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Thursday, 15 November 2012


Watching protestors, strikers, trade unionists, students and young people taking part in the European-wide general strike on Wednesday 14 November gladdened my heart. This was, it seems, a ‘from-the-bottom-up’ initiative which seems so far to have been pretty successful. Of course it was patchy, looking across Europe as a whole, because different countries are at different stages in the global economic unravelling. However, despite this, it seems to have made a strong impact. Even the BBC covered it, presumably as a blessed relief from reporting its own problems.  

However, even in places like Portugal where public transport strikes brought everything to a stop, not all the trade union federations supported the strike. The UGT, the Uniao Geral de Trabalhadores or General Union of Workers, linked to the ‘moderate’ Portuguese Socialist Party, did not back the strikes. The same was true elsewhere, generally where social democratic parties that have completely capitulated to neoliberalism have control over sections of the trade unions.

And in the UK there was…hardly anything. Nothing percolated through the British trade union movement, its structures atrophied by decades of rotten bureaucratic politics and strangled by the death-grip of that most reactionary social-democratic party of all, the British Labour party. If the British Trade Union Congress (TUC) had called any action, the wretched Ed Miliband woiuld have spent hours on the TV saying “strikes are wrong” over and over again…

What action there was yesterday in the UK was either from workers who have a strong rank-and-file presence, and had recently taken action, like the electricians, or those parts of the public sector that are already under severe threat, like the Public and Commercial Services union. Otherwise, apart from small public displays of solidarity, nothing happened. Oh yes, apparently the TUC wrote a letter. So that’s all right then.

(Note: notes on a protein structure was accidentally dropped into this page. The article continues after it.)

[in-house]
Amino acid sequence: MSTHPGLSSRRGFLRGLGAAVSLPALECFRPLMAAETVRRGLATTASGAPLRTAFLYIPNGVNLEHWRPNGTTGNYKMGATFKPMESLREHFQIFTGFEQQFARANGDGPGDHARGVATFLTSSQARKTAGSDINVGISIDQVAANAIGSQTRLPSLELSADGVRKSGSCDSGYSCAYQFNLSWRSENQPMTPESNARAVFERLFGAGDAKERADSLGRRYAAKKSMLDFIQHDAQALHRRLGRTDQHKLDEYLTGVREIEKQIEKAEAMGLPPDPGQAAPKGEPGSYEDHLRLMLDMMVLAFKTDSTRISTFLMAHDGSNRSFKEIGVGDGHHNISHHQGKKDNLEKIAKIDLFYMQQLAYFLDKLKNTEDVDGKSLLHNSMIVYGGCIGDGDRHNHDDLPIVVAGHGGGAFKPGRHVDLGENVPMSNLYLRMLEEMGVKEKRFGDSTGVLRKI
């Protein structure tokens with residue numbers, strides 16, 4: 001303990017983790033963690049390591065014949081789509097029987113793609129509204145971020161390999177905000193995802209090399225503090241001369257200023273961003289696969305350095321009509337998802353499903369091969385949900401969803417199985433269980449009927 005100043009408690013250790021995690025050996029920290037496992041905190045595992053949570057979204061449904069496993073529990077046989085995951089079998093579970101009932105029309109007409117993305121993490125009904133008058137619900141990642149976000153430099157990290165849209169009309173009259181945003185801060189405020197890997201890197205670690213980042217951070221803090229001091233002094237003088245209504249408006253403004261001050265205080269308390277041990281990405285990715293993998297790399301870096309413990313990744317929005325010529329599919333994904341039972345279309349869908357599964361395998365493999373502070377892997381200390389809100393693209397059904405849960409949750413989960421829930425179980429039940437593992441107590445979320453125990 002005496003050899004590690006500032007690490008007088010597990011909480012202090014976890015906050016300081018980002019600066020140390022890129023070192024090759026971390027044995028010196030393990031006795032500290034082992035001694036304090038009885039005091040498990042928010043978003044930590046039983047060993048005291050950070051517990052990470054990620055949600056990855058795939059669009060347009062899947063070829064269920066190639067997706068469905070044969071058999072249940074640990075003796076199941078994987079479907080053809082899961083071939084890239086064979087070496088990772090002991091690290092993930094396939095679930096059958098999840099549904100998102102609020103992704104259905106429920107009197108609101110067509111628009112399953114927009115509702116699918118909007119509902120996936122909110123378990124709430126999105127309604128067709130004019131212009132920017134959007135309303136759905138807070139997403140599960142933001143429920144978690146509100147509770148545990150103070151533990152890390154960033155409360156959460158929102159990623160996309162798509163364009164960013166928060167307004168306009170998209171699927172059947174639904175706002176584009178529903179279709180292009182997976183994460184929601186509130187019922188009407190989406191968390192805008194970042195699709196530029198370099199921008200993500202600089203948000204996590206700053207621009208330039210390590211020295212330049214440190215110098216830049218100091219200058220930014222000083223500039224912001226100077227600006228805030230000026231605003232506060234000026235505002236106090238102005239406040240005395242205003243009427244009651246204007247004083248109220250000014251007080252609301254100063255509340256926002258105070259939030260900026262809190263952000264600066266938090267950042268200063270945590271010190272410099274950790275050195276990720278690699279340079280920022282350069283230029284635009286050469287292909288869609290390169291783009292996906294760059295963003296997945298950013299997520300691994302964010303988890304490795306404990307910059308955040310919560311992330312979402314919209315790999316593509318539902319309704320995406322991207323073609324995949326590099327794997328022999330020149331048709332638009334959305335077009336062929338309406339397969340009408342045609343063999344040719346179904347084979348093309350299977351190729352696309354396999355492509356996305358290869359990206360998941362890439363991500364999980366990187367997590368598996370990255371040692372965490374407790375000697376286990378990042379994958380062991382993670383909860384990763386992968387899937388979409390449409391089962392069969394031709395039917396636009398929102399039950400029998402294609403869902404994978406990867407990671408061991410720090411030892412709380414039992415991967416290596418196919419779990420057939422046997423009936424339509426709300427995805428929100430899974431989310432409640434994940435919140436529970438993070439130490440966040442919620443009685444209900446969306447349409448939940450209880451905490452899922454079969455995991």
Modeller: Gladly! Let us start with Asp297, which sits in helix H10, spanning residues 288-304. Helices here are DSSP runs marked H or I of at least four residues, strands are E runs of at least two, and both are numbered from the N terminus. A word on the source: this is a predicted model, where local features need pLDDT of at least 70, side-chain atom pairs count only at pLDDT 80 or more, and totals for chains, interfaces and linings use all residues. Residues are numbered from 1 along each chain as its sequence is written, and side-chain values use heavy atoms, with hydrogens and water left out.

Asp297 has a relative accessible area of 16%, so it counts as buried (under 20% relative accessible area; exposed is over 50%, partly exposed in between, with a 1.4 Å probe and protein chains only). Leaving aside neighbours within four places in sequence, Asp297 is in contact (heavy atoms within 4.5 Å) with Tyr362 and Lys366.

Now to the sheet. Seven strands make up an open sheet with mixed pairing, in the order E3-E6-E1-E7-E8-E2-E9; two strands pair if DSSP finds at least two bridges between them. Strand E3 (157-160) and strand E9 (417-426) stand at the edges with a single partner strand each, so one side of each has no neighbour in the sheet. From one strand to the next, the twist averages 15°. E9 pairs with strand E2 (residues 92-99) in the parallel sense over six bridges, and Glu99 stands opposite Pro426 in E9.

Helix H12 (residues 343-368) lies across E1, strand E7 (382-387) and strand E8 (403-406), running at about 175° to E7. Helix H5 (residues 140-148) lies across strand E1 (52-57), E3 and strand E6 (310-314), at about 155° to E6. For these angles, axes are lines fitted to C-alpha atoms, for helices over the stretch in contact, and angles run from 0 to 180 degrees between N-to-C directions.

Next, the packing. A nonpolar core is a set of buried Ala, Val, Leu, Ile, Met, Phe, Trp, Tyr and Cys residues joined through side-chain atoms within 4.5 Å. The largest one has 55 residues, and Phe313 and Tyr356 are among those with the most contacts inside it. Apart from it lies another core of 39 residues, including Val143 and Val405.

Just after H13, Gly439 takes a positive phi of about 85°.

The trade union bureaucracy is a special layer of British society. Their role is in managing discontent among British workers. They perform a balancing act between their members, whose subscriptions pay their salaries, and the bosses, who they negotiate with. Their politics are predominantly of the right of the Labour party, which has now become so right-wing that it is barely distinguishable from the Tories and the Lib Dems. Without pressure from below, union bureaucrats usually do the bare minimum to advance the interests of their members. Their role in society is to keep a lid on things rather like managing the steam from a pressure cooker. For this they are paid a pretty good salary: Unison’s Dave Prentis’s basic salary package for 2010 was £91,577 (this does not include other costs & benefits or his free car). Not a bad little earner for representing mainly low-paid workers. He and others like him do very well out of the system, thank you very much, and therefore cannot be relied on to rock the boat. They’re too busy getting ready for their seat in the House of Lords.